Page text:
Quote from P-Motion  It would need to be shown how 3 weights falling could increase the potential of an opposing mass above the potential of the falling weights. A math calculation does not show how the increase occurs.
 From the math above, the 3 weights could only cause the opposing weight to rise about .5 meters.

All three one kilogram masses will eventually be raised to .5 meters, but they were only dropped .1666 meters

Velocity of an object dropped equals the square root of the product of 2 times acceleration times the distance dropped. In freefall that would be
 
V = sqrt of 2 * 9.81 m/sec * .1666 m  = 1.808 m/sec

This (1.808 m/sec) is the velocity of each of the three one kilogram objects that was dropped (by using a pendulum) .1666 m. The total momentum of the three is (3 kg * 1.808 m/sec) = 5.425 units.

If this momentum is then transferred to one (using the cylinder and spheres device) of these three kilograms the one kilogram will have to have 5.425 m/sec velocity. This will conserve the momentum of the three. This will leave two kilograms at rest. Rest means they have no ability to rise and therefore are at zero elevation. On the other hand the one kilogram is able to rise 1.50 meters.  This places the center of mass of the three objects at .50 meters. d = ? v?/a

The center of mass of the three one kilogram objects started at .1666 meters elevation and ends with the center of mass of all three at .50 m elevation. An energy increase to 300%

You could also use a 2 kg balance wheel (with the mass concentrated on the rim of the wheel) to achieve 5.425 units of momentum. Place 1 kg on the edge of the 2 kg rim. This will give an acceleration of 9.81/3 = 3.27 m/sec. The center of mass of the mounted rim will not change upon acceleration; only the elevation of the overbalanced 1 kg will change.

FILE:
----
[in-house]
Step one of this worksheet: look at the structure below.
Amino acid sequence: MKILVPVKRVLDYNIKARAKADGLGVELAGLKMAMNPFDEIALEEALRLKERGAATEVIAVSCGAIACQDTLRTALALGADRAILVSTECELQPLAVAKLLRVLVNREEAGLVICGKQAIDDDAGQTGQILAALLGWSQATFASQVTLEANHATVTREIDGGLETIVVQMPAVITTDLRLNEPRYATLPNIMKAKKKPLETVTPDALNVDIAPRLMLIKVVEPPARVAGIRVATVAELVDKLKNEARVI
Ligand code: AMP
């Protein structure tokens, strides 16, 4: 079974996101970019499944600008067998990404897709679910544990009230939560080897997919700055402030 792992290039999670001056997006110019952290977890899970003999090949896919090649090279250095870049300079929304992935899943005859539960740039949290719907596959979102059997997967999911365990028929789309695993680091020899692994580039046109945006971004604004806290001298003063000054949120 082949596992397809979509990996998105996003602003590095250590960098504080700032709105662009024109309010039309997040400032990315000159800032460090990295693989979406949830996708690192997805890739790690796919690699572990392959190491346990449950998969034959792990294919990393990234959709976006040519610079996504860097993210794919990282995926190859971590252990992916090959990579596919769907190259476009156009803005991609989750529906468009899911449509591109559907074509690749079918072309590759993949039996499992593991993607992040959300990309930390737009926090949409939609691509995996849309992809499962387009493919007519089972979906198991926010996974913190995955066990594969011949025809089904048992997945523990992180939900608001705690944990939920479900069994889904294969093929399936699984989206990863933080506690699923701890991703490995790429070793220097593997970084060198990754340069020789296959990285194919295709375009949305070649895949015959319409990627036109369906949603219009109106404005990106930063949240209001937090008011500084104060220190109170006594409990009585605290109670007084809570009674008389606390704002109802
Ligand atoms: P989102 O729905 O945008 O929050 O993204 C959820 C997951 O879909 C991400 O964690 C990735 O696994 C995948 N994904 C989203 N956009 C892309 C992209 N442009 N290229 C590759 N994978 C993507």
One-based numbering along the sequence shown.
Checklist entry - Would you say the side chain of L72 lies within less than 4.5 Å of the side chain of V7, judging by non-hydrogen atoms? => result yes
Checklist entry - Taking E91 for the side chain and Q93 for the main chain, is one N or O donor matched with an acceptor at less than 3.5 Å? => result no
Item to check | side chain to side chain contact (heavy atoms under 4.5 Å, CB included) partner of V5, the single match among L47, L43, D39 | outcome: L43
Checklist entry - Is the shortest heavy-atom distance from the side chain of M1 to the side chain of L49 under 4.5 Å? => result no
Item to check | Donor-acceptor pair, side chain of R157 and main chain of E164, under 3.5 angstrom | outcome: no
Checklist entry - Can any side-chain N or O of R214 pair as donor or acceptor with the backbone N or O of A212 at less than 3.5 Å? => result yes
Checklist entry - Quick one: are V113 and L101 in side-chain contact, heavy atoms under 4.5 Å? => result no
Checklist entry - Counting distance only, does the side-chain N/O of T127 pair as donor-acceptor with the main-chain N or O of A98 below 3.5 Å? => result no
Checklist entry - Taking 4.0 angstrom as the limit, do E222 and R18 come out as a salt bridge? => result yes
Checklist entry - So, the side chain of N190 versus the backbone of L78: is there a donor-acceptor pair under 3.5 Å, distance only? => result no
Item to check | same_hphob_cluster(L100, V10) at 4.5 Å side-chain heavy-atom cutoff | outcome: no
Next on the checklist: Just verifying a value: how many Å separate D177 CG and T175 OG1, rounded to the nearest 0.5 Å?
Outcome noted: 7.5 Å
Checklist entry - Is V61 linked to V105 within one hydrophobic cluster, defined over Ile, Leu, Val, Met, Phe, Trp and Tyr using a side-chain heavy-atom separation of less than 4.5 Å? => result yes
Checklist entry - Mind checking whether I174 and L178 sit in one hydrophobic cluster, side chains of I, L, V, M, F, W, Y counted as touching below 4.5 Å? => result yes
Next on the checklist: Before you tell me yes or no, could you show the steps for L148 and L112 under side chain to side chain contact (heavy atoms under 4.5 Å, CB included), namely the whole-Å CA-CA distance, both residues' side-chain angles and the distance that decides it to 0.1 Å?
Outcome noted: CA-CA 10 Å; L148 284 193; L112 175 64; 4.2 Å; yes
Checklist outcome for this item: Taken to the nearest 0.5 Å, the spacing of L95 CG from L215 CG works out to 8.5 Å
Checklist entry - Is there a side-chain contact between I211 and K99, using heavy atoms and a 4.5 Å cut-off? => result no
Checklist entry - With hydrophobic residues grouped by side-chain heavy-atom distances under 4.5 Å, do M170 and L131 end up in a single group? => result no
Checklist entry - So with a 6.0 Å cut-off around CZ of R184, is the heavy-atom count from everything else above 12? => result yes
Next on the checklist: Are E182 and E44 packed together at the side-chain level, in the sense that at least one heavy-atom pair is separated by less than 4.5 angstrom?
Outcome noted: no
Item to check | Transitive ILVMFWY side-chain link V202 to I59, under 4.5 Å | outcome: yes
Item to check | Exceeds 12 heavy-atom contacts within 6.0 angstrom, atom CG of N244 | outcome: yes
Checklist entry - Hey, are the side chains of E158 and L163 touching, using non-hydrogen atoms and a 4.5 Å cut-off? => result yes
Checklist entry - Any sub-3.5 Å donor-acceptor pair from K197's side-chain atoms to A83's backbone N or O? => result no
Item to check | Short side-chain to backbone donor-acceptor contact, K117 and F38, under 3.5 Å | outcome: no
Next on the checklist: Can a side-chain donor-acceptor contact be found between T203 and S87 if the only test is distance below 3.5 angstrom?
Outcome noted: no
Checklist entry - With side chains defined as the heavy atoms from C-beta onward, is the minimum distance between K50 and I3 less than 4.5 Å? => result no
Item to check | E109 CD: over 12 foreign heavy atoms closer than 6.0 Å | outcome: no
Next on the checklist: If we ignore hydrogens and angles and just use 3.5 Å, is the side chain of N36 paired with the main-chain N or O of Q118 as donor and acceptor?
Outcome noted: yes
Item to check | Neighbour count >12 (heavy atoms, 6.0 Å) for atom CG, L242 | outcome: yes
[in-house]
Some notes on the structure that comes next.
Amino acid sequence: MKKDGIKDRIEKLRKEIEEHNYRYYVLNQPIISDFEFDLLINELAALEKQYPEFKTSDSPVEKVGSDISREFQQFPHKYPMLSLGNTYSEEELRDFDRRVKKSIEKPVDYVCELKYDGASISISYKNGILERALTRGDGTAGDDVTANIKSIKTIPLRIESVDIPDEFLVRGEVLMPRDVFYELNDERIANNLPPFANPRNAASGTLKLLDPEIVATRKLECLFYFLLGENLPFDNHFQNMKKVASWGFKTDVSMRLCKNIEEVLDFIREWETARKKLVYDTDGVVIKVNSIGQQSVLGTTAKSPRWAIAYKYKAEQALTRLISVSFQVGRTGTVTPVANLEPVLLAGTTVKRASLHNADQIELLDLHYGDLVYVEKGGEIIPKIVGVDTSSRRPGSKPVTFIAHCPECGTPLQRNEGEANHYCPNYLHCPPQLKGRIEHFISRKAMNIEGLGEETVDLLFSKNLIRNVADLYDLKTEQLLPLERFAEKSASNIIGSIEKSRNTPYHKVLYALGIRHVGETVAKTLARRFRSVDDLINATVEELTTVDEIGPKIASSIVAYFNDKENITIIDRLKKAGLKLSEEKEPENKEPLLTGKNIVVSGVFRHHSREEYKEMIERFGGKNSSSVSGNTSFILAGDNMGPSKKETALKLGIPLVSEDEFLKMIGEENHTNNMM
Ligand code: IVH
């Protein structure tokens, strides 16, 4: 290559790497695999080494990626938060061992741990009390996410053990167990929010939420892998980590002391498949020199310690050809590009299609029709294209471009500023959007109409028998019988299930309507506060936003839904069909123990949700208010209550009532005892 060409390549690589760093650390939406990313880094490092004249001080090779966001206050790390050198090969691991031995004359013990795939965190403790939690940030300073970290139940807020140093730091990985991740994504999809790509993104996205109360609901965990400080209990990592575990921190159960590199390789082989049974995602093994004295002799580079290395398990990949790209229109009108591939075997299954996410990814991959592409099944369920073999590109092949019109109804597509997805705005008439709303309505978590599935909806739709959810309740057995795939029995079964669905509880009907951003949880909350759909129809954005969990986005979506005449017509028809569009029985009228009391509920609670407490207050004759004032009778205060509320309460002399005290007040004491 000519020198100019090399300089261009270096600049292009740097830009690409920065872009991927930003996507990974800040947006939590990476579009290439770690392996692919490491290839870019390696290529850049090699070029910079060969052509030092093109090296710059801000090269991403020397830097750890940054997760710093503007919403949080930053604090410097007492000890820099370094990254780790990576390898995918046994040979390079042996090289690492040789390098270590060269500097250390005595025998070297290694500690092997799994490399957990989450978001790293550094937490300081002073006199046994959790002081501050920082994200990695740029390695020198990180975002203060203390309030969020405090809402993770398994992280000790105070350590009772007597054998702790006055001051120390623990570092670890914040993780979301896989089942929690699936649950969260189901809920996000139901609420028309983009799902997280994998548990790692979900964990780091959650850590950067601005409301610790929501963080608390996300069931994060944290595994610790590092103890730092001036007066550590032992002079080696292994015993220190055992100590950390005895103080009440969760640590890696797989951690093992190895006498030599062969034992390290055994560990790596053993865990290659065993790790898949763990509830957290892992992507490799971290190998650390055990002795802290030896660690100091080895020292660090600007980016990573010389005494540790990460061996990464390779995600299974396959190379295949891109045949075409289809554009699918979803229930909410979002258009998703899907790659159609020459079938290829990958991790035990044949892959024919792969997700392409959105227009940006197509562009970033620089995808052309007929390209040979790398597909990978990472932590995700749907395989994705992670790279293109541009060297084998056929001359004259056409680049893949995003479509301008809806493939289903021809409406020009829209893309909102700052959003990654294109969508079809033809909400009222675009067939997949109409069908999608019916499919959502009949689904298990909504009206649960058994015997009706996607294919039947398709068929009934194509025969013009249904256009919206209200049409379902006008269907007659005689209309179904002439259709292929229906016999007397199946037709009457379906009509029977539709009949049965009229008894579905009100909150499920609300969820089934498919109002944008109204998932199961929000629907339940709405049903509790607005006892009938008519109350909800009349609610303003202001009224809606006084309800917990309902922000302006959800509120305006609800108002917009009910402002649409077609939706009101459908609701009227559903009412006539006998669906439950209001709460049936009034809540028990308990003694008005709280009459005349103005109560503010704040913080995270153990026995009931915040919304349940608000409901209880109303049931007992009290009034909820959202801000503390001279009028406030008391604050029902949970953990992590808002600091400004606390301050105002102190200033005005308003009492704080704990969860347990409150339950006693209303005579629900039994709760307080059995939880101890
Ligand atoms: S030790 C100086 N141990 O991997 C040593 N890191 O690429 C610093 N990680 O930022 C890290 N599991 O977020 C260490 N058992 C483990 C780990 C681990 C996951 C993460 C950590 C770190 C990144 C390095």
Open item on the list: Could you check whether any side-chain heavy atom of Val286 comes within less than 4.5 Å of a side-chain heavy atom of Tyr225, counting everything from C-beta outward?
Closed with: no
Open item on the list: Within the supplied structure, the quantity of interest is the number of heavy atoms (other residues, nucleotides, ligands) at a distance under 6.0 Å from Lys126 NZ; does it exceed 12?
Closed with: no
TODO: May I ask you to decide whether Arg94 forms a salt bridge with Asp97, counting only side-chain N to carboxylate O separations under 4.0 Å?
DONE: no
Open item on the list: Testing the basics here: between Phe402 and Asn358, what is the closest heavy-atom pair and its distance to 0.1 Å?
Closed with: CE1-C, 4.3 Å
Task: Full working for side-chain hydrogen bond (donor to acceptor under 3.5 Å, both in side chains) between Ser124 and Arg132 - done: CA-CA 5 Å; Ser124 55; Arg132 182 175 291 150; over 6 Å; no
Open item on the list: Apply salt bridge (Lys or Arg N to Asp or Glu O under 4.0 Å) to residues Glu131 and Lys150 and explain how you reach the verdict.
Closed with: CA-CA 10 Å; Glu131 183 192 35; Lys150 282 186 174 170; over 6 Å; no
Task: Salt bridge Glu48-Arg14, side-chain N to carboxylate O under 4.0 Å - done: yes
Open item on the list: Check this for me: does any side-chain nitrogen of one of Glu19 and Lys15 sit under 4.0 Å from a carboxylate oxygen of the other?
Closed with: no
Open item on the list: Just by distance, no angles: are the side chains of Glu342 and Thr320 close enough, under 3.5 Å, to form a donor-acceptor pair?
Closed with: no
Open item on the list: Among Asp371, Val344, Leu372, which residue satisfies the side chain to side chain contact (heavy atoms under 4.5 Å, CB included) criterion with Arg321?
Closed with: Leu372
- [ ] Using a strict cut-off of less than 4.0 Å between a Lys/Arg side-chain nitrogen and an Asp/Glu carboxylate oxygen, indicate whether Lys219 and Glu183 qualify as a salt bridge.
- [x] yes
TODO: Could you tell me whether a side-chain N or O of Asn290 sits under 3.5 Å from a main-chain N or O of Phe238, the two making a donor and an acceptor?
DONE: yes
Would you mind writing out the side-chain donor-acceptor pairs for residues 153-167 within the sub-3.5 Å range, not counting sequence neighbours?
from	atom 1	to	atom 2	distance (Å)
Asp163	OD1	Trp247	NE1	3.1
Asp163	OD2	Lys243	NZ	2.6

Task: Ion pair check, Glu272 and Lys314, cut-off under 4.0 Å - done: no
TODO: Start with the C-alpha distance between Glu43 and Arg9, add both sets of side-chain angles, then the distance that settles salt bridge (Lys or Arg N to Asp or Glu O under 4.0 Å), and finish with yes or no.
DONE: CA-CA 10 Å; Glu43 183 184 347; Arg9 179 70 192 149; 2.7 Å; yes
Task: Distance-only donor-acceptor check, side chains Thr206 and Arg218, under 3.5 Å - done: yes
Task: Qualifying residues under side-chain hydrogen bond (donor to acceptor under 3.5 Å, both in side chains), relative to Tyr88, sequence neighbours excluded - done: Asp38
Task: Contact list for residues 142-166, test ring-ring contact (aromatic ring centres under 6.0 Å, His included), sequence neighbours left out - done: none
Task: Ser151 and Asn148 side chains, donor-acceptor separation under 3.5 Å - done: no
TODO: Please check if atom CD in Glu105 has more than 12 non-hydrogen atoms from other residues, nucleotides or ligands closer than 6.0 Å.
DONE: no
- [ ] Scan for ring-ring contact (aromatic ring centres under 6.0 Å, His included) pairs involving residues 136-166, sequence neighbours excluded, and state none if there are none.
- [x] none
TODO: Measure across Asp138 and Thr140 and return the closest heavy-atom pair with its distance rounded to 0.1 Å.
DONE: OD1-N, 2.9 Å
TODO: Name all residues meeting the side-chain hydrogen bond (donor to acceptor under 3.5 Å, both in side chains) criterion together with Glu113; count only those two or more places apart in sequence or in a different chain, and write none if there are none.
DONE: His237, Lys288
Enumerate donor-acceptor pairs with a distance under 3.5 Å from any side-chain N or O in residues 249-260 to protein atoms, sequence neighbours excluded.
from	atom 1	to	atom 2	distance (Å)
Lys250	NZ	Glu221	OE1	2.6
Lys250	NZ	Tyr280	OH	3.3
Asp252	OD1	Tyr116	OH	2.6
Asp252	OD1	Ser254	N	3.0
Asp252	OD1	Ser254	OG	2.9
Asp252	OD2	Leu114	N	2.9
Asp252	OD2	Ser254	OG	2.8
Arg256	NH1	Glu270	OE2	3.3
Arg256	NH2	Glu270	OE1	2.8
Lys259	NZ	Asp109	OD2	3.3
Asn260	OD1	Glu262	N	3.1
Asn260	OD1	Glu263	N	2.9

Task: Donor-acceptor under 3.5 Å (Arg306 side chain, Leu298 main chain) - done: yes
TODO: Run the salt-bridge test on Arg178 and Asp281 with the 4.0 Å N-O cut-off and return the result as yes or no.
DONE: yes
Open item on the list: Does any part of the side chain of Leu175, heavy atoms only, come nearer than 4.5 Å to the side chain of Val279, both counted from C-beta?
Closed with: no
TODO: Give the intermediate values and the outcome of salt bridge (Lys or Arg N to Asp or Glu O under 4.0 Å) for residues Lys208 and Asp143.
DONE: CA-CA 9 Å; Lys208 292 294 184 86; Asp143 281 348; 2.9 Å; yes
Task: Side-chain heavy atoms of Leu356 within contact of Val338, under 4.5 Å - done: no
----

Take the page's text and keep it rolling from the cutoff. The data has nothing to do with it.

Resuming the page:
After dropping the overbalanced 1 kg mass .5 m the three kilograms will have 1.808 m/sec velocity each.  So an elevation of .5 m for all three can be achieved by dropping only one .5 m.

You will have to keep in mind whether you are starting by dropping three kg .1666 m in a pendulum or by dropping one kilogram in a 3 kg (total mass) overbalanced wheel.

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Re: Free energy from gravitation using Newtonian Physic
« Reply #79 on: December 26, 2007, 04:31:23 PM »
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Offline Kator01

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Re: Free energy from gravitation using Newtonian Physic
« Reply #80 on: December 27, 2007, 02:23:01 PM »
Hello P-Motion,

yes, I understand the problem you describe. The main problems are techical ones. Once the single mass ( in our discussion m3 ) leaves the balanced system at 6 pm at v = 1.808 m/sec no momentum can be transfered by the balanced-weight momentum because all masses have the same speed.

But before I get deeper in technical discussions I would like to find in this discussion a simple way to proof the principle. I am still sceptic about the formulas although the conservation of momentum is clear.Some of the  formula-stuff is directing our attention to wrong interconnections But, as you described it : How do we transfer momentum back to m3 ?

One idea came up but I am not sure it works : lets assume m3-momentum ( including m1m2 -momentum ) will hit a spring at 6 pm in full elastic collision, compress it and then stick to it by some sort of mechanism ( detached from m1,m2 ) while the spring is locked in compressed state by another mechanism. We then have all the time to set up a test-rig where we can release the spring and measure m3 climbing the rig or directly measuring the velocity of m3 and have not to deal with more kinematic problems

The question is : does this setup deliver the answer to the momentum-transfer ? Or do we need free moving masses to do so ?